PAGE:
The novel makes at least one more tacit reference to the Botanic Gardens in Circe when Mrs. Bellingham testifies against Bloom. In addition to his heinous sexual crimes, even Bloom's tender romantic overtures have, upon scientific inspection, proved to be damnably false: "Subsequently he enclosed a bloom of edelweiss culled on the heights, as he said, in my honour. I had it examined by a botanical expert and elicited the information that it was a blossom of the homegrown potato plant purloined from a forcingcase of the model farm."

Allusions gloriously intertwine here. Edelweiss is a short-blooming flower found sparsely scattered on steep, rocky alpine slopes. The devoted Bloom has purportedly traveled abroad and trudged to some rugged, icy peak to bring back a "bloom" of this exotic plant for his dearly beloved. (Folk traditions in the Alps prescribe exactly such shows of devotion.) But his beloved, motivated by deep distrust and perhaps aided by her aristocratic people's connections in the Castle, has taken the flower to be examined by a government-salaried scientist at the Botanical Gardens, and that "expert," possessing a deep familiarity with the "homegrown potato plant" by virtue of his facility's work on the fungal blight, has instantly spotted the fraud. Moreover, the scientist has somehow determined that this particular potato flower was stolen from a tray of specimens on a "model farm," presumably the one "at Kinnereth on the lakeshore of Tiberias" that Bloom has read about in Calypso.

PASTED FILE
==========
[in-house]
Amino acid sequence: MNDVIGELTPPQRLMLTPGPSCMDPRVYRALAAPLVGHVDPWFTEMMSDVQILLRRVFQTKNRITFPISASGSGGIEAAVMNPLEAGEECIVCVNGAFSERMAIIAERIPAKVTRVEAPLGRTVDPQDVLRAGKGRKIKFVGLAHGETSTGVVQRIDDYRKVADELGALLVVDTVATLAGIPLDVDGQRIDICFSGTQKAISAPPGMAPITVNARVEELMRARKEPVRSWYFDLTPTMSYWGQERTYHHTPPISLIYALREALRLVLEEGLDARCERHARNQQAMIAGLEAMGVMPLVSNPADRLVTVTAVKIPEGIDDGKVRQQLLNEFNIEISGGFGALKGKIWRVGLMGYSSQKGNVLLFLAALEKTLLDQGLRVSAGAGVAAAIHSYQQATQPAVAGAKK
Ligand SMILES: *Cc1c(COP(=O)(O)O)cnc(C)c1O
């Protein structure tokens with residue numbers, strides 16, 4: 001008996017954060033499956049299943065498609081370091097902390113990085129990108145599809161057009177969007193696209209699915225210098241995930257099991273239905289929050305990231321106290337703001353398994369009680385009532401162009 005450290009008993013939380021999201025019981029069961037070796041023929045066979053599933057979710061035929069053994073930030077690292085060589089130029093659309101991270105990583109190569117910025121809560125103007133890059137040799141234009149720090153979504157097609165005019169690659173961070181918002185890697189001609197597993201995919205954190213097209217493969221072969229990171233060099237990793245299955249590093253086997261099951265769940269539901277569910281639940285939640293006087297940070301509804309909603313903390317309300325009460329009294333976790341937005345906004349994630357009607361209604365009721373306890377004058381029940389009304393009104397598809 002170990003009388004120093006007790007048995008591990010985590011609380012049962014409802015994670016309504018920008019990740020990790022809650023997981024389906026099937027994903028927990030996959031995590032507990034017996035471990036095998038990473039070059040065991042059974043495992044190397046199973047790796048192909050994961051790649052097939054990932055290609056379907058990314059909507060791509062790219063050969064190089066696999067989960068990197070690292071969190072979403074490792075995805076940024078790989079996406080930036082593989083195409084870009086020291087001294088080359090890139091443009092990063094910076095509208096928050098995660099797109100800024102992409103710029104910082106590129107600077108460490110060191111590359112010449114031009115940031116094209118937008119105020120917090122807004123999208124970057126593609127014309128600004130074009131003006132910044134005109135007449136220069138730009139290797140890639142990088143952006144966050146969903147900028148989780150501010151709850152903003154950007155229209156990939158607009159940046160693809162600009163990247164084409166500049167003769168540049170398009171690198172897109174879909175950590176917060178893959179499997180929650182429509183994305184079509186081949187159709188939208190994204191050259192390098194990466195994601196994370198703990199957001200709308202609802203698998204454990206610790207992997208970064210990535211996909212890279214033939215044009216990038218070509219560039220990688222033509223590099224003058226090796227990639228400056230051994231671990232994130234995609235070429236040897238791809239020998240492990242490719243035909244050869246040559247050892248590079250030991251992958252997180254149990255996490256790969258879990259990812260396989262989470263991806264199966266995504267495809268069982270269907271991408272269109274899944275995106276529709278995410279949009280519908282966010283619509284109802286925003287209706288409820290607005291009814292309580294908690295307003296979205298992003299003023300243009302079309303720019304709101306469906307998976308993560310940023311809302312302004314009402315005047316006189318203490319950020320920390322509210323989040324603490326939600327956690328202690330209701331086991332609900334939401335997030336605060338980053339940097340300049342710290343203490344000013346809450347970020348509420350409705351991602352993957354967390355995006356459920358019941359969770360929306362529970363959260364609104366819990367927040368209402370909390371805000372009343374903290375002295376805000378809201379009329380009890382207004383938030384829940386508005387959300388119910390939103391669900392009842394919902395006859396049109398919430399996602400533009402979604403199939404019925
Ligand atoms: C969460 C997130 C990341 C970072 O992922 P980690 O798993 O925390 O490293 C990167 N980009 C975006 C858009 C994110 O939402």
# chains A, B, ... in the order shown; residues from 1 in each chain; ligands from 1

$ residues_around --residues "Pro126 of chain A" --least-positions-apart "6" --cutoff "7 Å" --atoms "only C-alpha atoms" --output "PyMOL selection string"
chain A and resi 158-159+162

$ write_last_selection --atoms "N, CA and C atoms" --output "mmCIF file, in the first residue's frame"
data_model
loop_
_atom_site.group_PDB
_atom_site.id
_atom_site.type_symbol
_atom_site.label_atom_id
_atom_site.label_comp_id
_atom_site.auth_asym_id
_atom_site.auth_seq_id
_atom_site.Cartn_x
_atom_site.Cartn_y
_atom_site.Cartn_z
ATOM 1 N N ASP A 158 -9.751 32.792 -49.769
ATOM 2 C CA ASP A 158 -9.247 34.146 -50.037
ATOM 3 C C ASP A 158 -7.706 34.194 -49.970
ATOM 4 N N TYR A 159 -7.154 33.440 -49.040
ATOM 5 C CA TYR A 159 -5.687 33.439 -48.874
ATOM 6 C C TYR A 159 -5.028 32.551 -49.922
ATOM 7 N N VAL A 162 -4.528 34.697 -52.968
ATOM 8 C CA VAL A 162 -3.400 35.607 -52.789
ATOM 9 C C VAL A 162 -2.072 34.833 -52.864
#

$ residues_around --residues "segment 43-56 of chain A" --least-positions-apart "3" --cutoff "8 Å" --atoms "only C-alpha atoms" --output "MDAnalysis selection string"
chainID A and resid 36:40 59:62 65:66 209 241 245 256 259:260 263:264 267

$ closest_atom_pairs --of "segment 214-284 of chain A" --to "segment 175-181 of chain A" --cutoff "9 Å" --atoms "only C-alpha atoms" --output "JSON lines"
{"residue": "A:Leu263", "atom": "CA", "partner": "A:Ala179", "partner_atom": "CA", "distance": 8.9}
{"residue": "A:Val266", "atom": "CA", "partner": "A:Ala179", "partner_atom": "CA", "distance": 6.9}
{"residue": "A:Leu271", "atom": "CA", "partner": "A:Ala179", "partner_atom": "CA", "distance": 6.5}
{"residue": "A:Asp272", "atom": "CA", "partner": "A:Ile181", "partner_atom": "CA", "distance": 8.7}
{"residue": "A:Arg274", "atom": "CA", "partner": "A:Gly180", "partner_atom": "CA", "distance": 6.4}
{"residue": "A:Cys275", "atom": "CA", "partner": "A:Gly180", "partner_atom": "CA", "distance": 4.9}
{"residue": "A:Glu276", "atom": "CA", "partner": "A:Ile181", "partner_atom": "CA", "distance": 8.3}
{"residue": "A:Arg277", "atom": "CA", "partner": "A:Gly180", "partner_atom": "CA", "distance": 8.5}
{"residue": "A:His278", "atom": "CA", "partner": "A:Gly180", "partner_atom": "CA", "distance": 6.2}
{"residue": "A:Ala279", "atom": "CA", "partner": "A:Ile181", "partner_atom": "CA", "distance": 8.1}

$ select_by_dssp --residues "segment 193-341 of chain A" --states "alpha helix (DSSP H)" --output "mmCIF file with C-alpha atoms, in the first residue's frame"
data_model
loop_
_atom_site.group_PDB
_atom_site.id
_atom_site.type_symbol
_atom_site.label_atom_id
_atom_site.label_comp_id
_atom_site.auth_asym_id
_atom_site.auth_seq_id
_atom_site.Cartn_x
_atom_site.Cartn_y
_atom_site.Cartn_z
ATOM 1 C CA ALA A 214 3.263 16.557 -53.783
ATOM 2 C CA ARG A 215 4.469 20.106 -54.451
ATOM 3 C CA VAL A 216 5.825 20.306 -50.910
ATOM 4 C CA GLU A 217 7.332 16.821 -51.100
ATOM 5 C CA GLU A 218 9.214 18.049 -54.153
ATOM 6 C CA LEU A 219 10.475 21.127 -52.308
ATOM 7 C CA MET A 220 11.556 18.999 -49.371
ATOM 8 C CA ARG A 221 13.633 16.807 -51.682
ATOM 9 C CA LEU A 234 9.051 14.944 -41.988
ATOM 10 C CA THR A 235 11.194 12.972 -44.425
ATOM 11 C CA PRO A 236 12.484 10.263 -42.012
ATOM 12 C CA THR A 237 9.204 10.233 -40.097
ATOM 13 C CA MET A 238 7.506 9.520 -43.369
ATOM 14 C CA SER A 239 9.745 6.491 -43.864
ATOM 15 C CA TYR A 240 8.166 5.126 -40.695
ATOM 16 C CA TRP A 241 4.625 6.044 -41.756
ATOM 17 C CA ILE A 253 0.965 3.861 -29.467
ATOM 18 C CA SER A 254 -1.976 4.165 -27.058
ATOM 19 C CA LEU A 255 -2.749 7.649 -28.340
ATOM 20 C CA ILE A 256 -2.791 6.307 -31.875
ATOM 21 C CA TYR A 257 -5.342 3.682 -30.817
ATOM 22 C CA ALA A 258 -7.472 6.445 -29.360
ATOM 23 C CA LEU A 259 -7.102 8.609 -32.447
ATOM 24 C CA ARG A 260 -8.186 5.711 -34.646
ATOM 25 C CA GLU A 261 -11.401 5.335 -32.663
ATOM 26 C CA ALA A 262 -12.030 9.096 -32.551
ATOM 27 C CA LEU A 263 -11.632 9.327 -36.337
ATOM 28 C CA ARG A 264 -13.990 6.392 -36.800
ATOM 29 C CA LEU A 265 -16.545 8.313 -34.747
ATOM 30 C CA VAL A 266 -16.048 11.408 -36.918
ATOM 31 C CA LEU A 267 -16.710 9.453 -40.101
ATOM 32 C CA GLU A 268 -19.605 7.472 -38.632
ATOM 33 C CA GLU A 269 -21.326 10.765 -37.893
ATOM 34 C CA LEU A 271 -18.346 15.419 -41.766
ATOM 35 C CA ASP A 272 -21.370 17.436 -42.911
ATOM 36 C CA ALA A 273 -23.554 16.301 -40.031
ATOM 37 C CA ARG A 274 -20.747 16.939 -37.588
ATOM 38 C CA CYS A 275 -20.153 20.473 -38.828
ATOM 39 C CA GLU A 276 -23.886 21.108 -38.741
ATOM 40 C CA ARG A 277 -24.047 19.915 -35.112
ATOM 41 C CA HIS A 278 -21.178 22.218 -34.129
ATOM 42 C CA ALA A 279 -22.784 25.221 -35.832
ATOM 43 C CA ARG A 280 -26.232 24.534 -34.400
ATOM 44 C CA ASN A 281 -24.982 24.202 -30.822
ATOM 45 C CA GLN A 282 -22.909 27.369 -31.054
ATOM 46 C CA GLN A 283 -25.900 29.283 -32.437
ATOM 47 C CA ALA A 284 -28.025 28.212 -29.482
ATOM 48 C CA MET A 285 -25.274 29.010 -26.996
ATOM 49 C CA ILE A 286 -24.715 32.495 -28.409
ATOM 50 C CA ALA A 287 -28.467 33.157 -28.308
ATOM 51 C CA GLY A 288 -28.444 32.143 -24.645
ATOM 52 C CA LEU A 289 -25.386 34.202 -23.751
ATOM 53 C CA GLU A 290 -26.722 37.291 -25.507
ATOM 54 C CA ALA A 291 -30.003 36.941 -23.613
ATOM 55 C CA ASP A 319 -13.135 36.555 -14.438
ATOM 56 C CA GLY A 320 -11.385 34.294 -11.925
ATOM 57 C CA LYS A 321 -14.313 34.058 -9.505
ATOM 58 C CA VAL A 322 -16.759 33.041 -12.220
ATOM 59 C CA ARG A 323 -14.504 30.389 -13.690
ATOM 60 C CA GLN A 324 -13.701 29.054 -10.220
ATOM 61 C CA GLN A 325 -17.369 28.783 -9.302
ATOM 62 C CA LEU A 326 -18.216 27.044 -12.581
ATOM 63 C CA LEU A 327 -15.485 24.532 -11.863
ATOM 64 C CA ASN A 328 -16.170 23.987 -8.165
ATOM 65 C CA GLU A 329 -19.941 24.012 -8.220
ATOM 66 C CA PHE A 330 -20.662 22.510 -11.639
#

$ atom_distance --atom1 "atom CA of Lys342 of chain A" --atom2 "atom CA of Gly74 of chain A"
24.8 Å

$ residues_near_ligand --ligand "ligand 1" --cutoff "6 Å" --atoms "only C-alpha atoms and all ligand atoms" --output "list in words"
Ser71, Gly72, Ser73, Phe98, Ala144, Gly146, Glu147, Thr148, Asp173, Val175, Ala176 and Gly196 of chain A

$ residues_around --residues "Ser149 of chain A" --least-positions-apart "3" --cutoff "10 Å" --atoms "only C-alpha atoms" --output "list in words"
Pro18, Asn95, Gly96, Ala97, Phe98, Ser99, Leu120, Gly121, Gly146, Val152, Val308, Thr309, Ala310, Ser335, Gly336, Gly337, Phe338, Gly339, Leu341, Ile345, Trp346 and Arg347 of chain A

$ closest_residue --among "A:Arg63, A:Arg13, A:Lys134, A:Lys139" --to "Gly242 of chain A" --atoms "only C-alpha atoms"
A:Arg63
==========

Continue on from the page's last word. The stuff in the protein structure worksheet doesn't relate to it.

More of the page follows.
Once more, then, Leopold Bloom has been exposed as a shameless and total fraud. His purported knowledge of matters horticultural (not to mention his capacity for romantic tenderness) is as baseless as his social respectability, his literary authorship, his service in Her Majesty's armed forces, his messianic wisdom, his Christianity, his kindness to animals, and all other virtues which unprincipled defenders can think to enumerate.

JH 2019
2008 photograph by Folks at 137 of the Great Palm House, a greenhouse in the Botanic Gardens designed by Richard Turner. Source: Wikimedia Commons.
Tropical plants inside the Palm House. Source:
2008 photograph by Folks at 137 of the Curvilinear Range, also designed by Richard Turner. Source: Wikimedia Commons.
Outdoor flower plantings in the Botanic Gardens at Glasnevin. Source:
Steel bridge over waterlilies in the Glasnevin Botanic Gardens. Source:
One of the many magnificent scenes surrounding the house at Kilmacurragh, in County Wicklow. Source:
Rhododendrons in bloom at the Kilmacurragh arboretum. Source:
Rockery plantings in the Glasnevin Botanic Gardens. Source: